Scott Neufeld, a St. Nino parishioner, said having the holy flame come to them is the next best thing to traveling to the Old City of Jerusalem to participate in the ancient fire ceremony before Pascha, the Orthodox Easter.
“Taking a pilgrimage to witness the miracle of the holy fire in Jerusalem is something I think all Orthodox Christians want to do at some point in their life, but for many of us, this is not likely to happen,” Neufeld said.
“So to have the holy fire, which I believe to be the very uncreated energies of God, be brought all the way from Jerusalem to our tiny little mission parish in Stillwater, and then to be able to bring it into our home, we are grateful beyond measure.”
Neufeld said he took a picture of his son, Patrick, carrying a candle lit with the holy fire during a worship service at St. Nino.
The Church of the Holy Sepulchre is a major pilgrimage center for Christians around the globe because it is believed to be the place of both of the crucifixion of Jesus and the tomb he was buried in.
Nelson said according to tradition, the Lord lights the flame of the holy fire miraculously each year.
He said the chamber which houses Jesus’ tomb is sealed with wax as part of the ancient religious ritual, and many Christians believe that it is not lit by the hand of any man but through the divine.
This miraculous flame is said to be a reminder or representation of the miracle of Christ’s resurrection, as He brought light into a dark world.
Meanwhile, the Rev. Matthew Floyd is an Orthodox priest who serves as an associate clergy leader at St. Benedict’s and as leader of the St. Nino parish in Stillwater. He said the Stillwater congregation received the holy fire from Holy Apostles Orthodox Church in Bixby.
Floyd said he and his family have the holy fire at their Claremore home with candles designed to burn for at least eight days.
“It encourages us to pray,” he said.
Floyd said they are making an effort to keep the holy flame burning for as long as possible.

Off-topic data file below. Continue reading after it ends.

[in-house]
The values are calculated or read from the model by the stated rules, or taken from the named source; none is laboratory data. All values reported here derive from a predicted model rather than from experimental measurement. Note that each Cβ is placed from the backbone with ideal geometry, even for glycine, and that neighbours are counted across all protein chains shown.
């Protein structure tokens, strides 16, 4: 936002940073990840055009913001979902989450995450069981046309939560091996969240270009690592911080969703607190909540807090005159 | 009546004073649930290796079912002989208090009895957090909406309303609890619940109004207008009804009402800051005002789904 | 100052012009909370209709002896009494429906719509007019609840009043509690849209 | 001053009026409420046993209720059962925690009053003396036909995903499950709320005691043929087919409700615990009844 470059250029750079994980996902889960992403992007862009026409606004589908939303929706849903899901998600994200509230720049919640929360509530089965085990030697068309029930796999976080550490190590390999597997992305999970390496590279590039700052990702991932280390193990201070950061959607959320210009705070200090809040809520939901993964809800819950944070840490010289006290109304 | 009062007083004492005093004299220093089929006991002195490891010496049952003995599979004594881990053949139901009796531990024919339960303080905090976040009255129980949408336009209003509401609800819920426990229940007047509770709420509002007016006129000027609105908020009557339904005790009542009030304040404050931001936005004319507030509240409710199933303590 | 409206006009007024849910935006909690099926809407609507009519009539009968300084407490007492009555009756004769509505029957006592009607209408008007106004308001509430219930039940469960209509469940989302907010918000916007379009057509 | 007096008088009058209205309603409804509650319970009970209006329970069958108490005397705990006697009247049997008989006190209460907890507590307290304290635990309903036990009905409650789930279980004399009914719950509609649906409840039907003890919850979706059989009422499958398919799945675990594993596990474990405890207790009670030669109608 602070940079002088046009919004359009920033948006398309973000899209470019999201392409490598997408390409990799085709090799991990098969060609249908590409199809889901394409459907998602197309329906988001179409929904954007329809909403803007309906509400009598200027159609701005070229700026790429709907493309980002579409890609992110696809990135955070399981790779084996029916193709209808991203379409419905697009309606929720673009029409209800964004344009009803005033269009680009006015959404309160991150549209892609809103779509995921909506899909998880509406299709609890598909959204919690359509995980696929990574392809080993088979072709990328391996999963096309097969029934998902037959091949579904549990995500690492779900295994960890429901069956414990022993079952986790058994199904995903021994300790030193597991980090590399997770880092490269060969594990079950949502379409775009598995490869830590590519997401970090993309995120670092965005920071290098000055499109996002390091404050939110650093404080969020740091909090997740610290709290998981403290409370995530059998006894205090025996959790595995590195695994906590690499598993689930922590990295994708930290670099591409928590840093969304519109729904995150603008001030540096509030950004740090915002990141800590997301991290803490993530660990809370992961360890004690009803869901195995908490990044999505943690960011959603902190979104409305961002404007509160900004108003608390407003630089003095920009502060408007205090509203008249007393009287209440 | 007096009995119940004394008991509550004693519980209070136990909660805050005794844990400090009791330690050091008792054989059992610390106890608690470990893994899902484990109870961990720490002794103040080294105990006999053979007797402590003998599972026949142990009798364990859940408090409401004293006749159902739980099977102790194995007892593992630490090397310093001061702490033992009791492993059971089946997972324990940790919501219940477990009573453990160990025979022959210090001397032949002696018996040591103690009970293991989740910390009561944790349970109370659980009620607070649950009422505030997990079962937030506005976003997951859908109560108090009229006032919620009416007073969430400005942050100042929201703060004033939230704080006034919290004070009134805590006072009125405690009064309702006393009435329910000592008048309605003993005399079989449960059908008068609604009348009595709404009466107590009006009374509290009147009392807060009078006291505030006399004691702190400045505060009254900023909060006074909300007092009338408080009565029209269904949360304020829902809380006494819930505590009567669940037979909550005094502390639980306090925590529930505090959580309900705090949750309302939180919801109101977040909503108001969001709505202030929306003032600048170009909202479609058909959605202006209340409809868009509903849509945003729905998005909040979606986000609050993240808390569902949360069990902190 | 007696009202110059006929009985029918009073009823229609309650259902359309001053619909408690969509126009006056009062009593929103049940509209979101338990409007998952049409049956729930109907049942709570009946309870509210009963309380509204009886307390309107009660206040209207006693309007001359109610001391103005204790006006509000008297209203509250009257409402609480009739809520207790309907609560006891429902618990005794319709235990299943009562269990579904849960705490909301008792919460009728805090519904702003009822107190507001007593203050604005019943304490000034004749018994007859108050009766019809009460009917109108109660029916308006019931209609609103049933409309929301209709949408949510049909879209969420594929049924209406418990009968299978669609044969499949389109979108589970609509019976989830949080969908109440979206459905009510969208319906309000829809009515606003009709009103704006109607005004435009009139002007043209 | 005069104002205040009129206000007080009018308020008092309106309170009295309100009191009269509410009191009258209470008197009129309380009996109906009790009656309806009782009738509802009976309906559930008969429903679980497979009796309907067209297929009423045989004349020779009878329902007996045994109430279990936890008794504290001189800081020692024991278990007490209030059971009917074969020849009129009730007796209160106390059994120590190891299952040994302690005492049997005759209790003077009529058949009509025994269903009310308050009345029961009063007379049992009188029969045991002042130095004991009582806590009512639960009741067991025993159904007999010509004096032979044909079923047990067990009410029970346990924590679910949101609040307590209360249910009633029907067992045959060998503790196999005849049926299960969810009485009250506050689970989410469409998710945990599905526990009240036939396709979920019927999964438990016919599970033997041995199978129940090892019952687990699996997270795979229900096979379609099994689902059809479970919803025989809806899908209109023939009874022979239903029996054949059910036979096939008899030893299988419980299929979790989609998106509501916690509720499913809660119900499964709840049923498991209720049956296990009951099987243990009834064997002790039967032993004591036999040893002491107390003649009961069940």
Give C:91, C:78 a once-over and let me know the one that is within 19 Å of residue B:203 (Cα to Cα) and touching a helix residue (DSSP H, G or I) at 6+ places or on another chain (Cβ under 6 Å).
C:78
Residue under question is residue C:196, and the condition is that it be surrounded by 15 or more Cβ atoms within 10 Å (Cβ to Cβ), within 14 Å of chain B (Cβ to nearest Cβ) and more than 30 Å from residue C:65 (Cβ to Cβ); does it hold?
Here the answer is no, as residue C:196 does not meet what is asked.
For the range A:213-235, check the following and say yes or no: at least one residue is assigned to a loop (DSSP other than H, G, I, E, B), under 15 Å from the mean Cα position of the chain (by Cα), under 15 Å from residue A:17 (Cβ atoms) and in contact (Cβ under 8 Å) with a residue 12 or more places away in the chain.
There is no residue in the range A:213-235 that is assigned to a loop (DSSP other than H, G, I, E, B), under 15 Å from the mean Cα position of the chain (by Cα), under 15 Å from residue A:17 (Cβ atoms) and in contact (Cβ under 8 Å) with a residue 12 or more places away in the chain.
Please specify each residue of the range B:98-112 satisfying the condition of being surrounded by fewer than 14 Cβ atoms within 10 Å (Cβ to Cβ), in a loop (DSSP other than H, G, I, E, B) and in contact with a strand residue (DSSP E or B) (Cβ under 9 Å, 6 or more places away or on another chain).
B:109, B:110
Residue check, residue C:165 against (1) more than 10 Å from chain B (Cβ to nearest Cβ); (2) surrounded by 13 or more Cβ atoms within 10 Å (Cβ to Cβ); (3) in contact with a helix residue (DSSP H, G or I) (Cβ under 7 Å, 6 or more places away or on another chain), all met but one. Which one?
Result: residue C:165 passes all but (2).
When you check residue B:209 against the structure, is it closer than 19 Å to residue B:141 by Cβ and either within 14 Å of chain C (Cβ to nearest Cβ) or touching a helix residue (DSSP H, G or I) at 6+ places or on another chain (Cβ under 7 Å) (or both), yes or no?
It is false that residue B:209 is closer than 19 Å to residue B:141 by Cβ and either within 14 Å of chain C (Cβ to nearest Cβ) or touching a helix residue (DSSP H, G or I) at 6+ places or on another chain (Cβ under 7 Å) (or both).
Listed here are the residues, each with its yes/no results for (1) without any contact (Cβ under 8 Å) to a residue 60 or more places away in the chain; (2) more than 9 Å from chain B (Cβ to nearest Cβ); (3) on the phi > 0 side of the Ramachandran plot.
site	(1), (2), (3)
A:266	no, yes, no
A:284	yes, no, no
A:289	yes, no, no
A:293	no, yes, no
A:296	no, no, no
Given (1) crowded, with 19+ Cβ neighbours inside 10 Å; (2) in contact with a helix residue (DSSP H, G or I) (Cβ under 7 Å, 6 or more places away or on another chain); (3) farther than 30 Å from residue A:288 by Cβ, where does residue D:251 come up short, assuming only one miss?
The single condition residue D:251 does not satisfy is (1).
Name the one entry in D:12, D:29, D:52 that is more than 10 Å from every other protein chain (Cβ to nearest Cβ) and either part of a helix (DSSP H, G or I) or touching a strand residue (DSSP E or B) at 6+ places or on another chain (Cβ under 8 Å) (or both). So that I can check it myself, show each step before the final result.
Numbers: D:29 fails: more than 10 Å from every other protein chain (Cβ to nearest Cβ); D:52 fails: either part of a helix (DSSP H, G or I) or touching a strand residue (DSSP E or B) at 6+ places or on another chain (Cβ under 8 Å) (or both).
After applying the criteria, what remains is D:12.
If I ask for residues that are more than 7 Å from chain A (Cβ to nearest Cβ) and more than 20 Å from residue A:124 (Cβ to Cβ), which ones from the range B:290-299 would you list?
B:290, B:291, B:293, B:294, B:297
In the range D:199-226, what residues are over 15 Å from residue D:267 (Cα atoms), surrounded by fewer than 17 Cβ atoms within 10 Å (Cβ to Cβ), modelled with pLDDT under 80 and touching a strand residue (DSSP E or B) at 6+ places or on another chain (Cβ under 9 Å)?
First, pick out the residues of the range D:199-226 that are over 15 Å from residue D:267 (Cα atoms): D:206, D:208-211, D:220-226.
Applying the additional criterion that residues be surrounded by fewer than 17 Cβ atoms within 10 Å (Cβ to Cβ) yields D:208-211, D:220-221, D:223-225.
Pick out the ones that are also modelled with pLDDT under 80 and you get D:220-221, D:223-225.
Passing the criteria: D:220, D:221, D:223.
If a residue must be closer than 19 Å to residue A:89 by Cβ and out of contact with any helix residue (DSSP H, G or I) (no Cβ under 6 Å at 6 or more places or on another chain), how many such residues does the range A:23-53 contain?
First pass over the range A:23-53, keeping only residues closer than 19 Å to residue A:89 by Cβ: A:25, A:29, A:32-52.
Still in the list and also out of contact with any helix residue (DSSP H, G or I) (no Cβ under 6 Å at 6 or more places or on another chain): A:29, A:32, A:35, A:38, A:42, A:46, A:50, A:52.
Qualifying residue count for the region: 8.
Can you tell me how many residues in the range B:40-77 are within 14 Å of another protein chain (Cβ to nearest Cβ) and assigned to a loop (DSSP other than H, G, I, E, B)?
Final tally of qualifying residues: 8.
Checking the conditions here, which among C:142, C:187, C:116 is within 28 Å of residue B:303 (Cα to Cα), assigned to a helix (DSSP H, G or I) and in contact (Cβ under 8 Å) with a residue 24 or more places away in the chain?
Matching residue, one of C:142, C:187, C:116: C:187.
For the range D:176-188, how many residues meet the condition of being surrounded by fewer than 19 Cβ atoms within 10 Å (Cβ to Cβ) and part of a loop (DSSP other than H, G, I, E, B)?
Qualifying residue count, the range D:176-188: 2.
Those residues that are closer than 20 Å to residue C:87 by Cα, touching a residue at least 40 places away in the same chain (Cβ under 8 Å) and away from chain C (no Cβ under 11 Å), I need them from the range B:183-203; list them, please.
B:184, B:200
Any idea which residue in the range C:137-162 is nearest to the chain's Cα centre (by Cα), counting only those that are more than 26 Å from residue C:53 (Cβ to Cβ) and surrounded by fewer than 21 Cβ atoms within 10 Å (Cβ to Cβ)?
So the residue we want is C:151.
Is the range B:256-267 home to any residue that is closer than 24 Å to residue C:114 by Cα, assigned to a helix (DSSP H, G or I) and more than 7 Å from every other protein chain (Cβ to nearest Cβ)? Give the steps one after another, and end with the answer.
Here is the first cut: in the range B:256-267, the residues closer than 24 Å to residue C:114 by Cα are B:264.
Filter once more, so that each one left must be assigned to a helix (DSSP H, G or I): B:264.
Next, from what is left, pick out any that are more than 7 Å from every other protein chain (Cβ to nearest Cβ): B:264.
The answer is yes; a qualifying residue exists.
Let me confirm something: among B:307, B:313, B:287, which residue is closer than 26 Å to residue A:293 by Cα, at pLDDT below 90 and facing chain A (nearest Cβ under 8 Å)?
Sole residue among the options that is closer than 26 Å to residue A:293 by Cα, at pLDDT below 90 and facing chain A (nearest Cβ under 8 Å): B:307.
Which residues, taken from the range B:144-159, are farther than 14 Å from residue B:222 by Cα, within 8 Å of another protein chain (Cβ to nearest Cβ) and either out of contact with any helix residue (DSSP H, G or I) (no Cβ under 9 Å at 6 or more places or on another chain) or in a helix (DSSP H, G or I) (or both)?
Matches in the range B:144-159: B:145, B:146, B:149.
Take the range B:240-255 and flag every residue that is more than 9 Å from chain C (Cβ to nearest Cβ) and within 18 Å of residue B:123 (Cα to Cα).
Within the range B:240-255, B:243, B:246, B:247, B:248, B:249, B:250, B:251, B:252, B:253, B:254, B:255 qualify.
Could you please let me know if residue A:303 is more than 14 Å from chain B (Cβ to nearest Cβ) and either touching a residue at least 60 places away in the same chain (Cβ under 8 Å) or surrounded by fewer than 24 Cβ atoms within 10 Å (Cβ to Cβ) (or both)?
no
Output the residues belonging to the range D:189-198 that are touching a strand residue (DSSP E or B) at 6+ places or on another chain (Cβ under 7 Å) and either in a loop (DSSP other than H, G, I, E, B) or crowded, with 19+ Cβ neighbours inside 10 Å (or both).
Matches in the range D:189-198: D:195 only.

“It is an effort. One hundred years ago, people kept live fires all the time, but we’ve kind of lost that. Even using a lantern is kind of a lost art,” he said, referring to societal advances like electricity.
The Fraysurs, of Warr Acres, said not only have they continued to keep the flame alight in their home in several candles and a lantern, they also helped get it to another metro-area church.
Brandi Fraysur said she delivered the holy fire to St. Elijah’s Antiochian Orthodox Church, 15000 N May. She said her family formerly attended worship services at the prominent metro-area church. Fraysur said her attempt to take the fire to Holy Ascension Orthodox Church in Norman was unsuccessful because the wind blew the flame out as she was moving it from her vehicle to the church.
The Rev. John Salem, pastor of St. Elijah’s, said he welcomed the holy fire as a reminder of Christ’s sacrifice for humanity.
“Whether we have the fire or not, we do have the light of Christ, we still know that Christ walked this Earth and gave His life for us,” Salem said. “The tradition is that a light comes into the tomb, and then He spreads the light. We try to remember that Christ is the light of the darkened world.”
Brandi Fraysur said she ultimately hopes news of the holy fire stirs up more interest in the Orthodox Church.
“I’m one of many that pray everyday that America would come to know Orthodoxy,” she said.
“It’s such a treasure — America’s best-kept secret.”
CONTRIBUTING: The Associated Press
by Carla Hinton
SOURCE: Daily Oklahoman